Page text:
Cell culture and reagentsThe neuroblastoma cell line, BE(2)-C, was generously supplied by Dr J Biedler (Memorial Sloan-Kettering Cancer Center, NY, USA). Breast (MCF-7 and MDA-MB-468), lung (Calu-6 and H460), prostate (DU-145 and LNCaP), and, colon (HT-29 and Caco-2) cancer cells were purchased from American Type Culture Collection (Manassas, VA, USA). All cell lines were cultured in Dulbecco's modified Eagle's medium supplemented with 10% fetal calf serum, with the exception of H460 and LNCaP, which were cultured in Roswell Park Memorial Institute Medium, supplemented with 10% fetal calf serum. All cell lines were maintained in a humidified incubator at 37°C and 5% CO2 in air.

TSA (Sigma, St. Luis, MO, USA) was dissolved in ethanol, and SAHA (BioVision, Mountain View, CA) in dimethylsulfoxide (Sigma). IFNα (Sigma) was diluted in serum free cell culture medium and aliquoted as a stock solution of 100 000 units/ml. For studies in animals, TSA was dissolved in dimethyl sulfoxide (Sigma) and further diluted with saline solution to give the final concentration of 30% dimethyl sulfoxide and 1 mg/ml TSA.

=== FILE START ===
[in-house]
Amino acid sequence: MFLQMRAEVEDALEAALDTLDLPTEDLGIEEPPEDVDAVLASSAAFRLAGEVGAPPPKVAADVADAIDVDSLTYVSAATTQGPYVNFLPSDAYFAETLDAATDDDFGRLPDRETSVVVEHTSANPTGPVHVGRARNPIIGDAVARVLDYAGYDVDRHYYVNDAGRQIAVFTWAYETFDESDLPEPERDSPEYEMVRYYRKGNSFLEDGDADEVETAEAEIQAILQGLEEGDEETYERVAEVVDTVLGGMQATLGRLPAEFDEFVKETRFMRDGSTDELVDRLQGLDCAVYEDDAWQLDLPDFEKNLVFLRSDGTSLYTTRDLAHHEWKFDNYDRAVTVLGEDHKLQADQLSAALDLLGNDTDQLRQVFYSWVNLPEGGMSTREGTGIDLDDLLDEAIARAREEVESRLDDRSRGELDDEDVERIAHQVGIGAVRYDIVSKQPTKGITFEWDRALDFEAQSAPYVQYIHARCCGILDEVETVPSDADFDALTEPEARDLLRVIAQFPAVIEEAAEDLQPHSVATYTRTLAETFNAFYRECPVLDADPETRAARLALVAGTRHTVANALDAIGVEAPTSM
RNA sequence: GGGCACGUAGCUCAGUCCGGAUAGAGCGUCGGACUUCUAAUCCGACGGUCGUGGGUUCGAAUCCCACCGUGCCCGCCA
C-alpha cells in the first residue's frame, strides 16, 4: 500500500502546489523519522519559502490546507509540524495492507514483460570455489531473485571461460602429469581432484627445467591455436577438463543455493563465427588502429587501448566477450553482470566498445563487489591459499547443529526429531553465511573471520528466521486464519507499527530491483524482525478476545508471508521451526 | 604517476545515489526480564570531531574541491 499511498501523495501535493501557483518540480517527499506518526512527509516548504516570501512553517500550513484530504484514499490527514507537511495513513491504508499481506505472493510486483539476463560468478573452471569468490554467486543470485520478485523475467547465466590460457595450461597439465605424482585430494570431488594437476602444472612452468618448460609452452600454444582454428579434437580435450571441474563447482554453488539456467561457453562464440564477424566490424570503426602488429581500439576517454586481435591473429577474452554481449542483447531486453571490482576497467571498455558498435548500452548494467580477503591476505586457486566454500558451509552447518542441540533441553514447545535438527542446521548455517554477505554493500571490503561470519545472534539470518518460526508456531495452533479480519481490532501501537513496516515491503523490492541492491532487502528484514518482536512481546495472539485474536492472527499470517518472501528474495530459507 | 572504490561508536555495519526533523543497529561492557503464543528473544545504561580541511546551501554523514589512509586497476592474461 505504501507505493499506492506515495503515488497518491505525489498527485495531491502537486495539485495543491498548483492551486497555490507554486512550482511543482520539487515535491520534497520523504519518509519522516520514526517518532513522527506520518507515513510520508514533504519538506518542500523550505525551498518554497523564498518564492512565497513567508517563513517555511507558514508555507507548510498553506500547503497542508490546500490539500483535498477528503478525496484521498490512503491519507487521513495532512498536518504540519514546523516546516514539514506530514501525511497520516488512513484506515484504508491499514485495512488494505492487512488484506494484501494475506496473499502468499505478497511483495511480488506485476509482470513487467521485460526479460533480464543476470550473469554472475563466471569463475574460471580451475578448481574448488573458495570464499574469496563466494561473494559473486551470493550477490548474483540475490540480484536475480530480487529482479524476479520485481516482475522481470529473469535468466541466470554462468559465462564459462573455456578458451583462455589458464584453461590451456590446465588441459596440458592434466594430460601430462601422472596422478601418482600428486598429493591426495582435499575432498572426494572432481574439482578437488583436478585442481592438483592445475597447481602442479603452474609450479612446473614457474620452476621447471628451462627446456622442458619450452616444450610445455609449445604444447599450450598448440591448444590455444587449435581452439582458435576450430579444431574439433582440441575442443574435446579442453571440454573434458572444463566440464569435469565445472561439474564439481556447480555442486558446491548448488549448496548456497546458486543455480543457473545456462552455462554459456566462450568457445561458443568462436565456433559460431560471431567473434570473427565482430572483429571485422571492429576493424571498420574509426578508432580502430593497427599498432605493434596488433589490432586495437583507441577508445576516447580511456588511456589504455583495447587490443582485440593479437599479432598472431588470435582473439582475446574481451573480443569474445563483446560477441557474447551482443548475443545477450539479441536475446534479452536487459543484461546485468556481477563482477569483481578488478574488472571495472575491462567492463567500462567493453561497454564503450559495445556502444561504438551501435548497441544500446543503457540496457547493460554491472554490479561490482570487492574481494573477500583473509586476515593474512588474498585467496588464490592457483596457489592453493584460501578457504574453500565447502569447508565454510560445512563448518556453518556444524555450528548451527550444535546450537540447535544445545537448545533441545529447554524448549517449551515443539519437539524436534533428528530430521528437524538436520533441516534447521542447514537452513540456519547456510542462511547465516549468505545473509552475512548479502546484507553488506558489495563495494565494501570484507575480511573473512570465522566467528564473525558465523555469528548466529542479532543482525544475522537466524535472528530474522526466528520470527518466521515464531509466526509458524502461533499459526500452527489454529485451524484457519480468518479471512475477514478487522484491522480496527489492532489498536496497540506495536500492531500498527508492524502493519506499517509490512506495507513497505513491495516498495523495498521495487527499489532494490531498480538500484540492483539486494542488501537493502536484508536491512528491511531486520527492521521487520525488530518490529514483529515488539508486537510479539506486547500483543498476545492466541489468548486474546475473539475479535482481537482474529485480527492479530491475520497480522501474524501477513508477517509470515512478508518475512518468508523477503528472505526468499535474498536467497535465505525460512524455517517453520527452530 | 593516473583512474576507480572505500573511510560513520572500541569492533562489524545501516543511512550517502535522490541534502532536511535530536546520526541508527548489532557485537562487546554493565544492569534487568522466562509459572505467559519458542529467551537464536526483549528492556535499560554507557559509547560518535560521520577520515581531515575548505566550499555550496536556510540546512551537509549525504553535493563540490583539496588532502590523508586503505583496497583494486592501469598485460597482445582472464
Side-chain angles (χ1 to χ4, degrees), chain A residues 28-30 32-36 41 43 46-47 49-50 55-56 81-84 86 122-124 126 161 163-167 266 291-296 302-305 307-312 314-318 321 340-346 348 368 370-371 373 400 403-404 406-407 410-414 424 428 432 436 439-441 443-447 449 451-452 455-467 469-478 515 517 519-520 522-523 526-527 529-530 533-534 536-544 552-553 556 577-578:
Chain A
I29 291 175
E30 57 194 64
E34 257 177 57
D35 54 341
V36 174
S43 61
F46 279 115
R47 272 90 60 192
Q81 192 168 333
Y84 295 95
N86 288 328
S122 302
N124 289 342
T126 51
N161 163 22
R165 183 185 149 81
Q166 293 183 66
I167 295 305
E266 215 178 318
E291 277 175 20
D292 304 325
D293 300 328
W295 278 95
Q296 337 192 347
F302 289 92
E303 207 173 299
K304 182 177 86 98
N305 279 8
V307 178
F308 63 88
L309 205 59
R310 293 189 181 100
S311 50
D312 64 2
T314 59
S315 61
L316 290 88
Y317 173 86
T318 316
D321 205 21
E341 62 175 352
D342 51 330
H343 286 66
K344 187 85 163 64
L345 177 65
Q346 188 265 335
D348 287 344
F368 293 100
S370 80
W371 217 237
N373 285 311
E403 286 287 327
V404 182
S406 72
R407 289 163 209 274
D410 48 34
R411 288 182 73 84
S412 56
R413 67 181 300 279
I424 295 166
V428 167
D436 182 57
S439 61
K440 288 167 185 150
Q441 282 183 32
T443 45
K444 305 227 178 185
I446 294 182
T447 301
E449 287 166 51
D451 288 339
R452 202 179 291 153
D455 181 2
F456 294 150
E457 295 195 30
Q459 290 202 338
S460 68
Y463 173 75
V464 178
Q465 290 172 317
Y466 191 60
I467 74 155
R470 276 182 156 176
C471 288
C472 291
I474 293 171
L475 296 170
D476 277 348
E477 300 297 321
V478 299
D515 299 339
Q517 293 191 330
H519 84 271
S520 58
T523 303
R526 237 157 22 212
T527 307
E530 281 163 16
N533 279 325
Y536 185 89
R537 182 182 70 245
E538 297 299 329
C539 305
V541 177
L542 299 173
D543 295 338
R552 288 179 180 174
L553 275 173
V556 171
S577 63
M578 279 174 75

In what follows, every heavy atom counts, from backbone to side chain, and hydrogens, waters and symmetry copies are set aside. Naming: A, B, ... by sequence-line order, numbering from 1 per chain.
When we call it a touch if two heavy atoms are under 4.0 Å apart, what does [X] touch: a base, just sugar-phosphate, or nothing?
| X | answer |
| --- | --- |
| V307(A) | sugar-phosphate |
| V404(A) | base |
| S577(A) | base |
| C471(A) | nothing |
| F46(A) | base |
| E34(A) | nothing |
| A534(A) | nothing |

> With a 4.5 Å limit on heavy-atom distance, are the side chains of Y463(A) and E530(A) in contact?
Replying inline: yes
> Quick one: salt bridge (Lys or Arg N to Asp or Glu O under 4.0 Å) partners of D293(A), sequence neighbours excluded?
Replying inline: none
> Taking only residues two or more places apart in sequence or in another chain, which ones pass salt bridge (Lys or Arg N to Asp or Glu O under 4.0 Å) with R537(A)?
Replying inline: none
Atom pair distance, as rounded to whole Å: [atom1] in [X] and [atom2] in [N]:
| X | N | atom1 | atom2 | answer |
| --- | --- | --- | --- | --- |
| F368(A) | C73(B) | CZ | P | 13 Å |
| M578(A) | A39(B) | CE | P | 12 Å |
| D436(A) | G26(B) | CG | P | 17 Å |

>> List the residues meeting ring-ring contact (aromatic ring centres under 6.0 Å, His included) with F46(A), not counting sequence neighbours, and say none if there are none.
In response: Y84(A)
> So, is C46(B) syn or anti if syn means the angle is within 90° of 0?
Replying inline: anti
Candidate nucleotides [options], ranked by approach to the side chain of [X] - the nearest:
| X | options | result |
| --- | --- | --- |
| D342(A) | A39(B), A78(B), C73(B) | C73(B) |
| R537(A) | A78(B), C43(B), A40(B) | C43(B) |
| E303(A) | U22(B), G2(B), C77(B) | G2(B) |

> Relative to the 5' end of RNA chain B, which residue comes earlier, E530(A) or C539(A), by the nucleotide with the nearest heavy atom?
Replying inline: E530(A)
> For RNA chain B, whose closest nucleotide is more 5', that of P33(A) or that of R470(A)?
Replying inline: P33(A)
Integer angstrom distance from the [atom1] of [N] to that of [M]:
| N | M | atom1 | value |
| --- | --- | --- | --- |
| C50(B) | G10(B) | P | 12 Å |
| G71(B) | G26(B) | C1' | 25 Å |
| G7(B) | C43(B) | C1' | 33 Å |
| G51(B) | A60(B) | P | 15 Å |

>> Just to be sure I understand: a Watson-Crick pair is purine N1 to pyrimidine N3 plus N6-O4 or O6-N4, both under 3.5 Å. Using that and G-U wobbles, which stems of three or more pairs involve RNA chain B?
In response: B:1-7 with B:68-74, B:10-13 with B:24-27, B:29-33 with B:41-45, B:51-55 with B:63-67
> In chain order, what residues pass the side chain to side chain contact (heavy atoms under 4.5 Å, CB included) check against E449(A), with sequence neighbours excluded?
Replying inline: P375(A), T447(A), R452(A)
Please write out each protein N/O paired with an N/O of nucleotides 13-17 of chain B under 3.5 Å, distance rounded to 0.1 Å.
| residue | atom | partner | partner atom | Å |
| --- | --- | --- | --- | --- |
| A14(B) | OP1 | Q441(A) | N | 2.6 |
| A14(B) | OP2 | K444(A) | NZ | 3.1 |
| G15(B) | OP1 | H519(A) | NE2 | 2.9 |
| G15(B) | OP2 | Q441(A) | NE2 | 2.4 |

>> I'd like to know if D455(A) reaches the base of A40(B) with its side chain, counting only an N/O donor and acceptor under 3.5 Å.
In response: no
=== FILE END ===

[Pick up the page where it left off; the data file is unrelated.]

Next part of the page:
Endothelial cell culture

Human umbilical vein endothelial cells (HUVECs) were a gift from Dr K MacKenzie (Children's Cancer Institute Australia, Sydney, Australia). HUVECs were maintained in 0.1% gelatin coated tissue culture flasks or wells with medium 199 (Invitrogen, Carlsbad, CA, USA) supplemented with 20% fetal bovine serum, 5% human serum (Sigma), 10 U/ml heparin (Pharmacia & Upjohn, Peapack, NJ, USA), 5 ng/ml basic fibroblast growth factor (bFGF) (Sigma) and 20 ug/ml endothelial growth factor (Roche, Mannheim, Germany). Only passages 5 and 6 were used in the experiments. Hypoxic conditions were maintained in a chamber filled with 1% oxygen.

Alamar blue cell viability assay